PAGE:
Food & Drink » Corkscrew

Tainted Wine

Send it back if it smells moldy

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Skanky wine is truly a buzzkill. There's nothing worse than anticipating a delicate, fruity flavor experience, then being hit in the nose with a foul smell. Yes, it happens. Really "corked" wine -- musty, moldy smelling wine occurring after contact with a bad cork -- is unmistakably odiferous, and occurs in 5 percent to 15 percent of all bottles, depending on which winery you interview. In an attempt to rid themselves of the cork taint problem, wineries have switched to screwtops or synthetic closures, but there's still plenty of wine out there ready to attack your senses.The degree of "corked-ness" varies. Full-blown cork taint reeks like rank feet and it really hits you in the mug. But unless it's really extreme, the average consumer will never notice the cork smell. If mildly tainted, the wine will taste flat or have little flavor, so naturally an unsuspecting consumer, thinking the winery just makes mediocre wine, won't ever buy that brand again. That's what the wineries fleeing to alternative closures really fear. They work really hard to lure you to their wine, and if a musty cork destroys the experience, the effort is for naught.

The reason the wine becomes corked dates back to chemistry class. A non-toxic chemical substance known as 2,4,6 trichloroanisole -- TCA for short -- lives in cork tree bark. Part of the cork making process, bleaching and sterilizing, randomly causes a reaction in the cut cork and releases chemicals that cause an unfavorable odor. Once the affected cork is placed in the bottle, it intermingles with the wine and the juice takes on the flavor of the TCA substance.

This process takes a while to happen, so the worst thing is, wineries have no way of discovering the cursed corks until the wine is poured. But the weird thing is, not all corks end up with the TCA mold, with so few wines affected. But 5 percent of a small, 60,000-bottle winery adds up to 3,000 tainted bottles. That's a helluva lot of money to throw away because of a 17th century wine closure tradition.

So why do we care? Well, that's one in 20 bottles. And you could pay lots of money for that one tainted bottle. And that would suck. But if you're armed with the knowledge that some wines actually do smell like armpits, farm animals or celery, you can be better prepared for the musty, wet cardboard experience. So if you, or someone you love, smells or tastes cardboard in their glass, take it back to the store, or send it back with the server.

Recommended Wines

Purple Mountain 2000 Pinot Noir Light, purple velvet flavor with a dash of cherry on the end of the sip. Smooth as silk. $16
2001 Foley Sauvignon Blanc You can taste the perfectly balanced oak in this pretty wine from Santa Barbara. Dry, refreshing with a wonderful citrus aftertaste. 1/2 $15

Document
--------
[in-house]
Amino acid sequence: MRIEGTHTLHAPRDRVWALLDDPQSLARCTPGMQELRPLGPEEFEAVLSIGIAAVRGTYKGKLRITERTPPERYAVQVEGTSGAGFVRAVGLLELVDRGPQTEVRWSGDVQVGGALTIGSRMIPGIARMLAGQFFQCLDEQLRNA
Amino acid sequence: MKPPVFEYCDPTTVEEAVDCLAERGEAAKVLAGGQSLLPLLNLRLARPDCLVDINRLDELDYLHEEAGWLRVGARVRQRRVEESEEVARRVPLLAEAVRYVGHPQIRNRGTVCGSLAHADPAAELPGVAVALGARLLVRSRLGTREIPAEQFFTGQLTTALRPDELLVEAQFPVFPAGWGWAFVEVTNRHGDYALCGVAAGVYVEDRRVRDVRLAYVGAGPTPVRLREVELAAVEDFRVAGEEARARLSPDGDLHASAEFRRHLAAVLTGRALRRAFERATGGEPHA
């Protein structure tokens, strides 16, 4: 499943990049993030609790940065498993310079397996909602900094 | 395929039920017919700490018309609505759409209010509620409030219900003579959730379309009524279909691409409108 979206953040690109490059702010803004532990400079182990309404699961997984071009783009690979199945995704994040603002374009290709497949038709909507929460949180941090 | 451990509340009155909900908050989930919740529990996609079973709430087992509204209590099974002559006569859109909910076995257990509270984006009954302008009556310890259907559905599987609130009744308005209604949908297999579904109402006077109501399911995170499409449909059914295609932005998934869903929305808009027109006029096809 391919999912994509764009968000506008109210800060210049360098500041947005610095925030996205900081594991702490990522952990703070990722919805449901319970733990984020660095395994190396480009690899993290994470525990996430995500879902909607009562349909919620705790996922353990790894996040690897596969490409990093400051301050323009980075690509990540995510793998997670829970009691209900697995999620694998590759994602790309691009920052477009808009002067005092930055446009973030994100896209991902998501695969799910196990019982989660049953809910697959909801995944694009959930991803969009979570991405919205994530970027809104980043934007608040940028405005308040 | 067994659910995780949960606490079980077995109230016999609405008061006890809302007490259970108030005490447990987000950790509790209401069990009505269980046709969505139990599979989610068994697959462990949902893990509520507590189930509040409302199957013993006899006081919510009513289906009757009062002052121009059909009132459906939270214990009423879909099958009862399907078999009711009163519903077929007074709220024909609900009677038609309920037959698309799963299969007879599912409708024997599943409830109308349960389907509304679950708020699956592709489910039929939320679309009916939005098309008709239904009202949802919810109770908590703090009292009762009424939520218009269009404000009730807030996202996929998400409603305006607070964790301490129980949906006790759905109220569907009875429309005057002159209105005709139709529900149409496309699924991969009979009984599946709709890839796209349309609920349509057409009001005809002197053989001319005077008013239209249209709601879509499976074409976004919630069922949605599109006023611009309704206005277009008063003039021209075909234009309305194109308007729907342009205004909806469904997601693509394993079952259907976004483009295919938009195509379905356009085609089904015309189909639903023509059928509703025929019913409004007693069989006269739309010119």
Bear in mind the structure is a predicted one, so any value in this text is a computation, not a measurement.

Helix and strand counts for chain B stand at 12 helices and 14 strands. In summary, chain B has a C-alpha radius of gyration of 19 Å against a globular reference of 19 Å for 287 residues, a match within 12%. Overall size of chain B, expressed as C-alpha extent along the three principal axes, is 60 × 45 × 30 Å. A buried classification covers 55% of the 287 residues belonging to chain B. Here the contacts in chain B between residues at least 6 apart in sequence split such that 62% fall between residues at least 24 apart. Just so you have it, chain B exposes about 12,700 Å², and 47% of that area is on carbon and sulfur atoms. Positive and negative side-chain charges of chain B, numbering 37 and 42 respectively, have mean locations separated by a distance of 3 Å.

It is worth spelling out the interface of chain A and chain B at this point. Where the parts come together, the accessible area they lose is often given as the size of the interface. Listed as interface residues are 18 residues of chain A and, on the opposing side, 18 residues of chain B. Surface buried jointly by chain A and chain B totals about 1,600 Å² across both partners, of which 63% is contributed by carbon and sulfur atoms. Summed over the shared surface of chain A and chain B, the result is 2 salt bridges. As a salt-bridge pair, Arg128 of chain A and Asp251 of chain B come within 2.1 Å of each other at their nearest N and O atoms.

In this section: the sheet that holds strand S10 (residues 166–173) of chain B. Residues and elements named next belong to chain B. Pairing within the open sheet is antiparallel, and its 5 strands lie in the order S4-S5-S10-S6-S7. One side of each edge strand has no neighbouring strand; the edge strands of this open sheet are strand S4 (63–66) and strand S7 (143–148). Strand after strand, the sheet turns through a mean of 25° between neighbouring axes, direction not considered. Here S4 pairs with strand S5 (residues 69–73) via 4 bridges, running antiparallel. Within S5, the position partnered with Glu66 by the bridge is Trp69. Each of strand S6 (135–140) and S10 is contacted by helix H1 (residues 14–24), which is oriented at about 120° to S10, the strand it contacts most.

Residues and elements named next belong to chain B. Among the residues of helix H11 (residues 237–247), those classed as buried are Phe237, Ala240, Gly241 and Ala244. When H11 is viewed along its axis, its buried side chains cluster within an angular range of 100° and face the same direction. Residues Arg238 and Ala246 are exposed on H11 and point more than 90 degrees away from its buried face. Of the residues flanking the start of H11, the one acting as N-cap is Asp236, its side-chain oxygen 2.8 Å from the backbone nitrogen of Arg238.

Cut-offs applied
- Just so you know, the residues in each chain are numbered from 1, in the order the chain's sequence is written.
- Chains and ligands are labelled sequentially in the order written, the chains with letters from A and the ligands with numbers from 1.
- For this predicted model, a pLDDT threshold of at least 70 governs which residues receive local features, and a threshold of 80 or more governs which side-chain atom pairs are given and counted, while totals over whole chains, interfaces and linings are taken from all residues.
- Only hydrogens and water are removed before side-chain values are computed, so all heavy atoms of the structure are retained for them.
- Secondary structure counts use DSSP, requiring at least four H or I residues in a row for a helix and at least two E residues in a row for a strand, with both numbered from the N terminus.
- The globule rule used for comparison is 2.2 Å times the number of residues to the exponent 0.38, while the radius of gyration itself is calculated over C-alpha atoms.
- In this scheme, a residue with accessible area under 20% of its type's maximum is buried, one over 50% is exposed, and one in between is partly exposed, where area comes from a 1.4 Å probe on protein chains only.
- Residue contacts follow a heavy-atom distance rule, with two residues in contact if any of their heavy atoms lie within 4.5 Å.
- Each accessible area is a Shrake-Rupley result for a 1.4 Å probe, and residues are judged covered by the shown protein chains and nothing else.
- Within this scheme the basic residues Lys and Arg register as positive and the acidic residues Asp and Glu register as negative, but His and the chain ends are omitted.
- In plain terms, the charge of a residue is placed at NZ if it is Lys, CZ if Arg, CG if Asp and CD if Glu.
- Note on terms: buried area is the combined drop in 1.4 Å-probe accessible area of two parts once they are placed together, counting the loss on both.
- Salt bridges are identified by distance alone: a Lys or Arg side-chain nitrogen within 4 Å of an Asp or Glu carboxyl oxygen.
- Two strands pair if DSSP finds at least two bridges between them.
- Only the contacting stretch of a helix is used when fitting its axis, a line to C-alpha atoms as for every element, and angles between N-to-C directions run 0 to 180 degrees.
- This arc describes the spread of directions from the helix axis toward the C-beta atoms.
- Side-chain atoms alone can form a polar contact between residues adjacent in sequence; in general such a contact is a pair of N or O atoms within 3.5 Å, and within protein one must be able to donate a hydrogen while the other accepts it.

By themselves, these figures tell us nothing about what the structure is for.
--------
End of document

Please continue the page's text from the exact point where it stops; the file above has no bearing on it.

Gallo of Sonoma 2000 Cabernet Sauvignon Sonoma Reserve Wow. Fruit jumps out at you from all angles. Black cherry and dark, concentrated grapes provide a smooth, even drinking experience. Damn good value too. $14
Wolf Blass 2000 Shiraz-Cabernet South Australia Nice, ripe cherry flavors mingled with black pepper. This wine is friendly and approachable like Julie on the Love Boat. Discounted cruise too. 1/2 $12


The Wine ListBARONE'S WINE ROOM offers wine tastings every Wednesday night from 6-8pm. The cost is $10. Barone's is located in Birkdale Village, Huntersville. Call 704-987-0011 for more information.

FUZION BISTRO, located in Shops on the Green in Cornelius, hosts wine tasting sessions with speakers the last Wednesday of every month from 7-8pm. Light fare served along with the four sample wines to be tasted. $20 per person. Call 704-895-6656.

THE ITALIAN OVEN in Gastonia holds wine tastings the second Wednesday of each month at 6:30pm. The cost is $15 per person, which includes 6 wines and appetizers. Call for reservations: 704-865-6852.

SOMETHING CLASSIC AT THE VILLA 715 Providence Road. Wine & food tastings are held on the last Wednesday of the month at Something Classic from 5:30-8pm. For more information, call 704-347-3666.

SOUTHERN SPIRITS announces Winter Wine Classes. Jan. 7: How To Read A Wine Label -- Taste wines and learn to decipher labels from France, Italy, Germany, Spain and the US, $15. Jan. 9 & 16: Wines of the World -- An overview and tasting of wines from France, Italy, Spain, Australia, New Zealand and Argentina, $40. All classes are held from 6:30-8pm. Located on Hwy 521, 3 miles south of Ballantyne. Call 803-548-8888 to register.

TONIC, 1427 E. 4th St., has wine tastings the first Wednesday of every month, 8:30pm-2am. Entry and tastes are free. For more information, call 704-347-2582 after 8pm or visit www.withtonic.com.

WINE TASTINGS AT REID'S 7TH ST. WINE SHOP Every Wednesday night at the Wine Bar from 5:30-7:30pm, very informal. Three wines will be tasted each week. Cost is $10 per person. Call 704-513-7014.

Wine tastings, classes, or other wine-related events will be listed at the discretion of the editors. Send information to Creative Loafing one of three ways: Fax to 704-944-3605; email to lindsey.herman@cln.com; or by regular mail at 6112 Old Pineville Rd. Charlotte, NC 28217. All information must be received at least two weeks in advance of the event.

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